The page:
2.  Anchors

In making decisions, the mind tends to give initial information or impressions a disproportionate amount of weight. This tendency is referred to as an “anchor.” The anchor jades the strategic thinking process because it starts the process at an artificially high or low point. Most commonly, anchors take the form of last year’s strategic plan or this year’s financial forecast. By using the assumptions that went into last year’s plan, strategy becomes fatally flawed. Strategic thinking demands that all assumptions, beliefs, and information be looked at from a fresh perspective on a continual basis.

Life Preserver: To avoid the danger of anchors in strategic thinking, consider the following:

  • Create an open mind by actively considering the range of starting points available, not just the anchor point.
  • View the issue from different frames (e.g., marketing manager should seek views of HR, sales, and operations managers).
  • Identify anchors as soon as they appear and call them out mentally and physically (on paper/PC/flip chart) so everyone is aware of their presence.

3. Benchmarking

On the surface, benchmarking gives the appearance of one of those activities that unquestionably add value to an organization. And therein lies its danger. When benchmarking best practices, it is critical to understand what exactly is being benchmarked. The first discipline of strategic thinking is acumen, and a key aspect of successfully generating insight is to understand the context. The context of best practices includes such things as culture, compensation, market state, competitive position, leverage relative to suppliers, customer influence, etc.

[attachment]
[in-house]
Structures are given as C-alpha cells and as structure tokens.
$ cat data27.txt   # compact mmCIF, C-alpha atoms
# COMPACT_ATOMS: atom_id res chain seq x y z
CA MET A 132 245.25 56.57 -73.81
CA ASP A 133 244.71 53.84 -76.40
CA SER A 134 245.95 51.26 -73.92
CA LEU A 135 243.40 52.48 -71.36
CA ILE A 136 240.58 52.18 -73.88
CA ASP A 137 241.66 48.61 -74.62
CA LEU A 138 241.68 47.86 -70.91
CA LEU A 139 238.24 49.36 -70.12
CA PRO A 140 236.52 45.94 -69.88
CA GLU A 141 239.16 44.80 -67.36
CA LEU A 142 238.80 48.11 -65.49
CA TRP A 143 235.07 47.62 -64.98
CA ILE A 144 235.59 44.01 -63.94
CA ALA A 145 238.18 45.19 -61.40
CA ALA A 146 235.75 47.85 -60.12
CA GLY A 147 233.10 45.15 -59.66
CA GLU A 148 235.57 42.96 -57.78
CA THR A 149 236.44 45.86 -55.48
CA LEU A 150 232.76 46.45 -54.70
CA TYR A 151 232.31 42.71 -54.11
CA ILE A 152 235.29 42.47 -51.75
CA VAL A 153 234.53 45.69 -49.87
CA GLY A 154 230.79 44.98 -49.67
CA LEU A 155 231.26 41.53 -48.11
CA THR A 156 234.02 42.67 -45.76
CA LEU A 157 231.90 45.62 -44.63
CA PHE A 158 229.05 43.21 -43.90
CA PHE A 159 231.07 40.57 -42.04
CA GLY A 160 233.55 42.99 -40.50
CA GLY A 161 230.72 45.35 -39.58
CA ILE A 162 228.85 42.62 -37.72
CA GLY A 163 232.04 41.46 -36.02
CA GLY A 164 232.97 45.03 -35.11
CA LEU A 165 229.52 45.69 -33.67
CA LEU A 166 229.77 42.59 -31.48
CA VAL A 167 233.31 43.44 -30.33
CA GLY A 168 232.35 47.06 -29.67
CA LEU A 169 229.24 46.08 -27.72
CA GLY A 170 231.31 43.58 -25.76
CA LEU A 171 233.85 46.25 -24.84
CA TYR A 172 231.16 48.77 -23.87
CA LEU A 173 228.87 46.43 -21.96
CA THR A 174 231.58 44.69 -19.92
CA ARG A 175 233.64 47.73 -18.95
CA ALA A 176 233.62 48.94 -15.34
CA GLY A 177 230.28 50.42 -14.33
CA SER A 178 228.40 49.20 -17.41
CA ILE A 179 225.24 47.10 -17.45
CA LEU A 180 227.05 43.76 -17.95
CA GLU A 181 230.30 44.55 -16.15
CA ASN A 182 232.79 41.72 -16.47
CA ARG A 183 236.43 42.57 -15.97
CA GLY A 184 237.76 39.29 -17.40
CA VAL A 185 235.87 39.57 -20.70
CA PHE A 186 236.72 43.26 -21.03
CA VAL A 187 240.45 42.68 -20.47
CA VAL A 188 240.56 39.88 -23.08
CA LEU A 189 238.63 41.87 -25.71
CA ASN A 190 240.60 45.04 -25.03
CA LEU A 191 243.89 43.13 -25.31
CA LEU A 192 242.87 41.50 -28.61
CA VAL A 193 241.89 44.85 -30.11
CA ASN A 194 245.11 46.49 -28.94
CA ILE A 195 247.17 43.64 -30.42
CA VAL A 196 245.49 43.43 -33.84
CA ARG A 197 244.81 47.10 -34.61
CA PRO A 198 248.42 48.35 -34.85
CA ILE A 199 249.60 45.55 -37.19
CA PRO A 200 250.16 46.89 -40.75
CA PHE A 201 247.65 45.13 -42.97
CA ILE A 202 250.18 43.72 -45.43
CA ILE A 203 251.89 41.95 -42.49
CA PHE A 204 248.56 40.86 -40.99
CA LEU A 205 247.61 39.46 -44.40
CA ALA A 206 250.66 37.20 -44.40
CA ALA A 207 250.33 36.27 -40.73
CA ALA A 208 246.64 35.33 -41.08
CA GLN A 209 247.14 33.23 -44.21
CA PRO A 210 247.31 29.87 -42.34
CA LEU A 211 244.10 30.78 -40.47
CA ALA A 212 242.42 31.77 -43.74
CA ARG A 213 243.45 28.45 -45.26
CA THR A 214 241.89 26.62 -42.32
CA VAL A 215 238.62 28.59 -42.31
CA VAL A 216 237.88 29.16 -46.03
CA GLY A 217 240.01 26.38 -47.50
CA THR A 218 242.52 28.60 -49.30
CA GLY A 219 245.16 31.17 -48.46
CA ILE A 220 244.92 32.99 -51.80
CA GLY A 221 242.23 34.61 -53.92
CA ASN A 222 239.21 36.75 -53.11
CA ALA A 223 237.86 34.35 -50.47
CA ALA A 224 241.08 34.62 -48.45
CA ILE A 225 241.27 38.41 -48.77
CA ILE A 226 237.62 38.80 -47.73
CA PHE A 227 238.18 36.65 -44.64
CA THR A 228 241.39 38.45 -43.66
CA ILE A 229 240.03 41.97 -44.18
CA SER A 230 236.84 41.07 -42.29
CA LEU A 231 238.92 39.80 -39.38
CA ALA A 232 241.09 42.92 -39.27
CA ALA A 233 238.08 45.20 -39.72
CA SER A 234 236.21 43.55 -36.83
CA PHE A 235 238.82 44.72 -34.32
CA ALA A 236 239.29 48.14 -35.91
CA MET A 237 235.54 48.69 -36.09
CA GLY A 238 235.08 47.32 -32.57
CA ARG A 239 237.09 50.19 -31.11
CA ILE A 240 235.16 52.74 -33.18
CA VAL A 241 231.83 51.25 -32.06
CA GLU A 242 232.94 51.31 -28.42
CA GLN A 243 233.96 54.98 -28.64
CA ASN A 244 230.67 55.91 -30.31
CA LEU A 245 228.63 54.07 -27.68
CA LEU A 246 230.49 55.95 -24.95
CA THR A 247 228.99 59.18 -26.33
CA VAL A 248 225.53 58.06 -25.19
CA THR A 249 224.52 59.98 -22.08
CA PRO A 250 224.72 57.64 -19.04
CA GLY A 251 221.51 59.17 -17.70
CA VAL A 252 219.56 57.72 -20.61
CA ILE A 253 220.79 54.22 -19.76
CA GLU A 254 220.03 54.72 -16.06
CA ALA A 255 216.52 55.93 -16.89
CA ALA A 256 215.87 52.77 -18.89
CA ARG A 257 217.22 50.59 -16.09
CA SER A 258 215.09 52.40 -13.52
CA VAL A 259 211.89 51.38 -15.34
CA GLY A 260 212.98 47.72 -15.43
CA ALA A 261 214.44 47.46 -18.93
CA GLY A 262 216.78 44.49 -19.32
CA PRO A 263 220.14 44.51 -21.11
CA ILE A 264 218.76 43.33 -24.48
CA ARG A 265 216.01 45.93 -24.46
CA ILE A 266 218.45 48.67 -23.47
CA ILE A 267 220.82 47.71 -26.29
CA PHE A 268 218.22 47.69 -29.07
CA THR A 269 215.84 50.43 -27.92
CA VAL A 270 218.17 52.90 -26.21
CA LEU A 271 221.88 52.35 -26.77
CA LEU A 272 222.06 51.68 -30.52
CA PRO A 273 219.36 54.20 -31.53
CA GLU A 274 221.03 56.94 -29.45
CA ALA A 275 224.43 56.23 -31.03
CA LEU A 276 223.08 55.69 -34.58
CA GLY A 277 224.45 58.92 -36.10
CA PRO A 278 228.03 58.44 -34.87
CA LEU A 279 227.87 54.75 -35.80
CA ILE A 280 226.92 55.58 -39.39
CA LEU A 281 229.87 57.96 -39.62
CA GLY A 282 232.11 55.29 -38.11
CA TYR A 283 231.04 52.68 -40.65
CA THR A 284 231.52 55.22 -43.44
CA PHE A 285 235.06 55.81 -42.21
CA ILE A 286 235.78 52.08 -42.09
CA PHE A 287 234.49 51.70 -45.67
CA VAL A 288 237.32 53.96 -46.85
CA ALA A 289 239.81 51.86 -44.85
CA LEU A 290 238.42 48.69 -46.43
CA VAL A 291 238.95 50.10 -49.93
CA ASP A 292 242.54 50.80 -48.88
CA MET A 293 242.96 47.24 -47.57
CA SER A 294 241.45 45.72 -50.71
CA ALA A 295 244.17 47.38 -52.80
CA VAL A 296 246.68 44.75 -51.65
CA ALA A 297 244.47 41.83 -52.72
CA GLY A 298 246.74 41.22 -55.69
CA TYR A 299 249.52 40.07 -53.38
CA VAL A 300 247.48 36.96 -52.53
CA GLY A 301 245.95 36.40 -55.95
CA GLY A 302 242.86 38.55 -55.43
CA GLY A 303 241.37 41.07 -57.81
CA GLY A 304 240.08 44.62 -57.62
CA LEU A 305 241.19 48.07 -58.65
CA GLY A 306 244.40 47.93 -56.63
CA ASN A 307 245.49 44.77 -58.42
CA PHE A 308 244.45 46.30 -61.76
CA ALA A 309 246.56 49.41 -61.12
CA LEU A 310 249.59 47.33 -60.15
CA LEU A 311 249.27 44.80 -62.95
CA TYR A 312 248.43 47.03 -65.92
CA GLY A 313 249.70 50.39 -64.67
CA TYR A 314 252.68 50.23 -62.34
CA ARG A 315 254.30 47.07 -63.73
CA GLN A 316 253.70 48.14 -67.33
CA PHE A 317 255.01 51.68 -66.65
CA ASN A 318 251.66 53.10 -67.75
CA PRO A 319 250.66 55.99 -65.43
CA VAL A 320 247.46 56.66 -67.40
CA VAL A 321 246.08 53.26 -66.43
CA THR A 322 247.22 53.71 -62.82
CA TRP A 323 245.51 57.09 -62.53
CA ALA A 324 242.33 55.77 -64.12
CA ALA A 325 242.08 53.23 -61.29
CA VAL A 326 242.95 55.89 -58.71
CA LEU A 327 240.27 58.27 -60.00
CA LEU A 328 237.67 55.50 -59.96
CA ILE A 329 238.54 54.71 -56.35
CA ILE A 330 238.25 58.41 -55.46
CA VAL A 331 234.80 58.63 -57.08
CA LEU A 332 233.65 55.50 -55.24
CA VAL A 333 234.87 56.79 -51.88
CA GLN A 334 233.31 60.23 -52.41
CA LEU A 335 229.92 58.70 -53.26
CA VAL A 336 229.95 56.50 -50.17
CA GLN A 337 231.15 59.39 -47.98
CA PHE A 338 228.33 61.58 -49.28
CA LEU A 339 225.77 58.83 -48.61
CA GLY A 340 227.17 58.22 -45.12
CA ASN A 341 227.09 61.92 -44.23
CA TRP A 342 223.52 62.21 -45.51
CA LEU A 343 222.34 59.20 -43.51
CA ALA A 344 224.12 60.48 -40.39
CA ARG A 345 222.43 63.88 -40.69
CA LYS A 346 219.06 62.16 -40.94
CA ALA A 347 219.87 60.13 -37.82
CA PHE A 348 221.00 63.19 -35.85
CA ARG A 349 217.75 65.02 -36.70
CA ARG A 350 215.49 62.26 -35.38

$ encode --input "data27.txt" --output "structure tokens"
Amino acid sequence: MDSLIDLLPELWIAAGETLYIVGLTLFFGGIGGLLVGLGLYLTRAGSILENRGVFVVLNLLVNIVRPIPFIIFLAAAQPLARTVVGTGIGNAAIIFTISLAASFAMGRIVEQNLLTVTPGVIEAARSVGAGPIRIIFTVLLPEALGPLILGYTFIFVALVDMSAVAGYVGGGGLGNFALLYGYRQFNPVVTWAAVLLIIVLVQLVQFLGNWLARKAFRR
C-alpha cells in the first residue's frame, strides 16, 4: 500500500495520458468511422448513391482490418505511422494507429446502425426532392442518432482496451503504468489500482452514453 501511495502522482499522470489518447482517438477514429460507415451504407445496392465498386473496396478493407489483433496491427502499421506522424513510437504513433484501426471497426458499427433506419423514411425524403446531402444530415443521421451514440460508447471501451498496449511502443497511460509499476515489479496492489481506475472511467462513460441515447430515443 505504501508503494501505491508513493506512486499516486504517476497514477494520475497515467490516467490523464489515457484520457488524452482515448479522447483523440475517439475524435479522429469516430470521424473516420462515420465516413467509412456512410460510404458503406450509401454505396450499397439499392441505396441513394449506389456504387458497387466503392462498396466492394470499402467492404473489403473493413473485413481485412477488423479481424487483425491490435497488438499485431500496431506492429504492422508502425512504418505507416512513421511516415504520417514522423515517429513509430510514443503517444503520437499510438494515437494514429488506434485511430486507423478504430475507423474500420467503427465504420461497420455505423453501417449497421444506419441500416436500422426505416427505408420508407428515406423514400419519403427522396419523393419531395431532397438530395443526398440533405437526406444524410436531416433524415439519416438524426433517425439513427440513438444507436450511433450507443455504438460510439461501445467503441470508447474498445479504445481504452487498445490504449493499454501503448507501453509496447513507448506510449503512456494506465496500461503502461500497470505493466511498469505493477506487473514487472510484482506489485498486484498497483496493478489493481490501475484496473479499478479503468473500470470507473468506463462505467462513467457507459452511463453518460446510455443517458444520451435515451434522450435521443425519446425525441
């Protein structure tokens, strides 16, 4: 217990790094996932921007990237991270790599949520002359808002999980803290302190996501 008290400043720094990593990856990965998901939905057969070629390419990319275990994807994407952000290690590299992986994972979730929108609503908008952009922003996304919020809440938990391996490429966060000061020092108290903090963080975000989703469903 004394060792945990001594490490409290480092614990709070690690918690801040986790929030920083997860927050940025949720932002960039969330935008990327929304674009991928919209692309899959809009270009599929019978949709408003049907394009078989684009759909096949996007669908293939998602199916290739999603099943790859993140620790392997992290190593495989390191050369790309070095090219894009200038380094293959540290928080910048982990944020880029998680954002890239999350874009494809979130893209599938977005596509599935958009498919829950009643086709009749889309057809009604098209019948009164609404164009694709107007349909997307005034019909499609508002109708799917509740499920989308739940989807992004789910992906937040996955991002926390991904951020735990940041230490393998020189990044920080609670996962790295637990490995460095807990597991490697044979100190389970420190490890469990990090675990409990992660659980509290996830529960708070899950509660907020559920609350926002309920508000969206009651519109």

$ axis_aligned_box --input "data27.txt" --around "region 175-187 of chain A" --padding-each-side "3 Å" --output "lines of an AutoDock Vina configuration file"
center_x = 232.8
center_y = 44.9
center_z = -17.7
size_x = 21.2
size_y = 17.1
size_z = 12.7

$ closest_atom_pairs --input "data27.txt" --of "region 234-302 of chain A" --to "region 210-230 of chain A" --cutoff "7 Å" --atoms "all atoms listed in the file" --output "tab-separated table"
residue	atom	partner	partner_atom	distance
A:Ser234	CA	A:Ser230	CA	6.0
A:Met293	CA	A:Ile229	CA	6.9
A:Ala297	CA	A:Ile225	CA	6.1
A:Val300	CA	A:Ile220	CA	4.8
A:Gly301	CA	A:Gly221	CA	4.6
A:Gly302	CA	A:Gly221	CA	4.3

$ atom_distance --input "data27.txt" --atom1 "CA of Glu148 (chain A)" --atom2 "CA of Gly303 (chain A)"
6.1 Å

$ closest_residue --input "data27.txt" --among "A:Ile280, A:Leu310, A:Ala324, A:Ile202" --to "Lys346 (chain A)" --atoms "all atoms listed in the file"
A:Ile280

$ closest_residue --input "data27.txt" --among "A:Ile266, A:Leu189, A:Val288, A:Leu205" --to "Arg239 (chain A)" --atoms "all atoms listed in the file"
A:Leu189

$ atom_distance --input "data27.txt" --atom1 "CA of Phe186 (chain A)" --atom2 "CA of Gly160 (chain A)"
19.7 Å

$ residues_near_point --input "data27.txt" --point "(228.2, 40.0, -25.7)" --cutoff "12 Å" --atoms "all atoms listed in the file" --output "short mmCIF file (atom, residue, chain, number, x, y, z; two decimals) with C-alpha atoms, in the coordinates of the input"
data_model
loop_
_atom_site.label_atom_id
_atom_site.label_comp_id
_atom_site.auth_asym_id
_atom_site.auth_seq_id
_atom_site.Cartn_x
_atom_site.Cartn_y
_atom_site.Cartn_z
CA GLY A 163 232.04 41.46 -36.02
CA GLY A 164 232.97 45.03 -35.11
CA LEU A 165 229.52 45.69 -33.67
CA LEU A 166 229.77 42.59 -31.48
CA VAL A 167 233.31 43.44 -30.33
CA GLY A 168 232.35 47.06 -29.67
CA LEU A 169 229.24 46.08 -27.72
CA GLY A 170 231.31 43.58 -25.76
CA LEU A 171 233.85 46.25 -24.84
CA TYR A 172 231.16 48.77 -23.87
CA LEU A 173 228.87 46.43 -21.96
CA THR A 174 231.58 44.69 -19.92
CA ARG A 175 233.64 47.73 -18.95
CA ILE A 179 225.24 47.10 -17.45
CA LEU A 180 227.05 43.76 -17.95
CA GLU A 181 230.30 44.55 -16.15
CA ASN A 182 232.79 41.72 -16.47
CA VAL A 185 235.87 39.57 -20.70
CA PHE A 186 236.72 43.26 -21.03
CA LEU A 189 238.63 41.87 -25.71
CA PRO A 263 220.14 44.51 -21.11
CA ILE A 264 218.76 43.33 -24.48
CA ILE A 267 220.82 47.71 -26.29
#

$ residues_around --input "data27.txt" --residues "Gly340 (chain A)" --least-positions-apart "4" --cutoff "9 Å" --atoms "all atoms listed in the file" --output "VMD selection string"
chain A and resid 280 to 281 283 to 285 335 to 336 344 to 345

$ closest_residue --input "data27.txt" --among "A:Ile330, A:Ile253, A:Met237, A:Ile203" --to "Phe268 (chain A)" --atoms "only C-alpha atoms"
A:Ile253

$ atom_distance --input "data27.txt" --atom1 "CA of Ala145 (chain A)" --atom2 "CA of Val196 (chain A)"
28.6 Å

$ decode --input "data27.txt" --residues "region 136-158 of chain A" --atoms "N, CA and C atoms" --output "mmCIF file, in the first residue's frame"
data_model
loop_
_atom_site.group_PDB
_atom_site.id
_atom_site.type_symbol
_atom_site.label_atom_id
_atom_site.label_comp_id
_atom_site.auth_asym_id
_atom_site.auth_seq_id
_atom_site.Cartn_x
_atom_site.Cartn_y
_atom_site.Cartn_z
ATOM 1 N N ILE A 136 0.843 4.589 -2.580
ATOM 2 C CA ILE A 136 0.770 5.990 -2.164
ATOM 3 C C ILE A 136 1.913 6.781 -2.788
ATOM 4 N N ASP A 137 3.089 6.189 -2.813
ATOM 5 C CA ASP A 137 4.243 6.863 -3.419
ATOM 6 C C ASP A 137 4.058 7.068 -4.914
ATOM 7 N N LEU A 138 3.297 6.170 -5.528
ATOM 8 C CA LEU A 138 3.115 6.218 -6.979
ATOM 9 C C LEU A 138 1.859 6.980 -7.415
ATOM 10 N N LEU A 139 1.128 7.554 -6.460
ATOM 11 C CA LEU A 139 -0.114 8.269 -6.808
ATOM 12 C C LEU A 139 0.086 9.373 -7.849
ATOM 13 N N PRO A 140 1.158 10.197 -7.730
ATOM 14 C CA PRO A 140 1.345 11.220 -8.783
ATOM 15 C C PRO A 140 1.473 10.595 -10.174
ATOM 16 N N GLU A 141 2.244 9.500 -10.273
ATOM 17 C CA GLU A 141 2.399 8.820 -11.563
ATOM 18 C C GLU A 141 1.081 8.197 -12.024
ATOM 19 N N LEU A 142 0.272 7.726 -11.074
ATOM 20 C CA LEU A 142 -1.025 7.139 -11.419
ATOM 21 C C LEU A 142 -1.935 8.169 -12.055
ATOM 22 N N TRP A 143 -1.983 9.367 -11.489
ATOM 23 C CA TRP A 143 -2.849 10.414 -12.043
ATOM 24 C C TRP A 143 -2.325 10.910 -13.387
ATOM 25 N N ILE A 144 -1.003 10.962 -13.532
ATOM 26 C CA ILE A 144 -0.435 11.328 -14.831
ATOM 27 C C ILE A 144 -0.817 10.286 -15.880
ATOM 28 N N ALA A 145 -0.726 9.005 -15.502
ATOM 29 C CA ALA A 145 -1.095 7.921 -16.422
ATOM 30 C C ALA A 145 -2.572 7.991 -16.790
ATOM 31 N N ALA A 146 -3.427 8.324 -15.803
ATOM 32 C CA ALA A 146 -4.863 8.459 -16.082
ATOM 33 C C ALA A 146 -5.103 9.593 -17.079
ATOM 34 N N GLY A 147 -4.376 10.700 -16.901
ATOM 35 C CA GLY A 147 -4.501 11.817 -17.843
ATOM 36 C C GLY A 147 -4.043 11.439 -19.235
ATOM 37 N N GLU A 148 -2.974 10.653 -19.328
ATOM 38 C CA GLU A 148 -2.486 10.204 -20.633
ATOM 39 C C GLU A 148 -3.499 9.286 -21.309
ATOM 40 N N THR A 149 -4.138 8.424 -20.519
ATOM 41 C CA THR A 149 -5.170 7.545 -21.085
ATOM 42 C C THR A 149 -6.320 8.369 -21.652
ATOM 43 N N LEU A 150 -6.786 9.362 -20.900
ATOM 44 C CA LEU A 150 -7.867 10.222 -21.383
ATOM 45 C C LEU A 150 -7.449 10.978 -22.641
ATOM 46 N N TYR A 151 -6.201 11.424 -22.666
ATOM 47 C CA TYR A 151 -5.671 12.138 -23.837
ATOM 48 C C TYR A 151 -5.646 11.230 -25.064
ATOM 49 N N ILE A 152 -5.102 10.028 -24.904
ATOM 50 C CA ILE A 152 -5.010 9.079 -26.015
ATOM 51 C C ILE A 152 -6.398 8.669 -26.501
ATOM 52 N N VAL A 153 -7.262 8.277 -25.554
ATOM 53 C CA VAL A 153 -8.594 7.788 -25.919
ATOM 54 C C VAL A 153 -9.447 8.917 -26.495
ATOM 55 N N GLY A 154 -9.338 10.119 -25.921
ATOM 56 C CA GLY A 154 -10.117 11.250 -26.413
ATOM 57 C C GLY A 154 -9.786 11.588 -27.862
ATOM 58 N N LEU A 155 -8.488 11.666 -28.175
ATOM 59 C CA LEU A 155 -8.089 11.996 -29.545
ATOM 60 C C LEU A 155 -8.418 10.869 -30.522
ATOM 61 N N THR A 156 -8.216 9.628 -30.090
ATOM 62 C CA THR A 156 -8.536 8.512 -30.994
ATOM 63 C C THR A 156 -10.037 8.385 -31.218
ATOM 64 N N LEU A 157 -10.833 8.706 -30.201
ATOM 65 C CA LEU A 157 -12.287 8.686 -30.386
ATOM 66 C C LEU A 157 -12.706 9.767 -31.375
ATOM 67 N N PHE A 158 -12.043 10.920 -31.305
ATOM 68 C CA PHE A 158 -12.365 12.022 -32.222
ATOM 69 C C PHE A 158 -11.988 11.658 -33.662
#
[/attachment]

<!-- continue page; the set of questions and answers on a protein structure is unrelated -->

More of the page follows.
Life Preserver: To avoid the danger of benchmarking in strategic thinking, consider the following:

  • Identify what exactly is being benchmarked.
  • Describe the context in which the benchmarked practice is occurring and compare it to your situation.
  • Identify the strategy ecosystem of the benchmarked practice and the relationships involved in the system.

4. Confirmation Bias

Computers have the ability to analyze in a completely objective manner. Human beings do not. Subconsciously, people tend to make decisions first and look for information afterward to support their decisions. Confirmation bias is the human condition of seek- ing data and information to support what you believe while discounting evidence to the contrary. Good strategists understand that they bring a particular frame to viewing their business. Becoming locked into that frame causes people to dismiss other frames and perspectives without giving them proper consideration.

Life Preserver: To avoid the danger of the confirmation bias in strategic thinking, consider the following:

  • Record the evidence for each position in a ledger format to enhance an objective view.
  • Acknowledge the underpinnings of your reason for taking a position and consider the opposite motivations.
  • Bring in someone to present the other positions to provide a fresh perspective.

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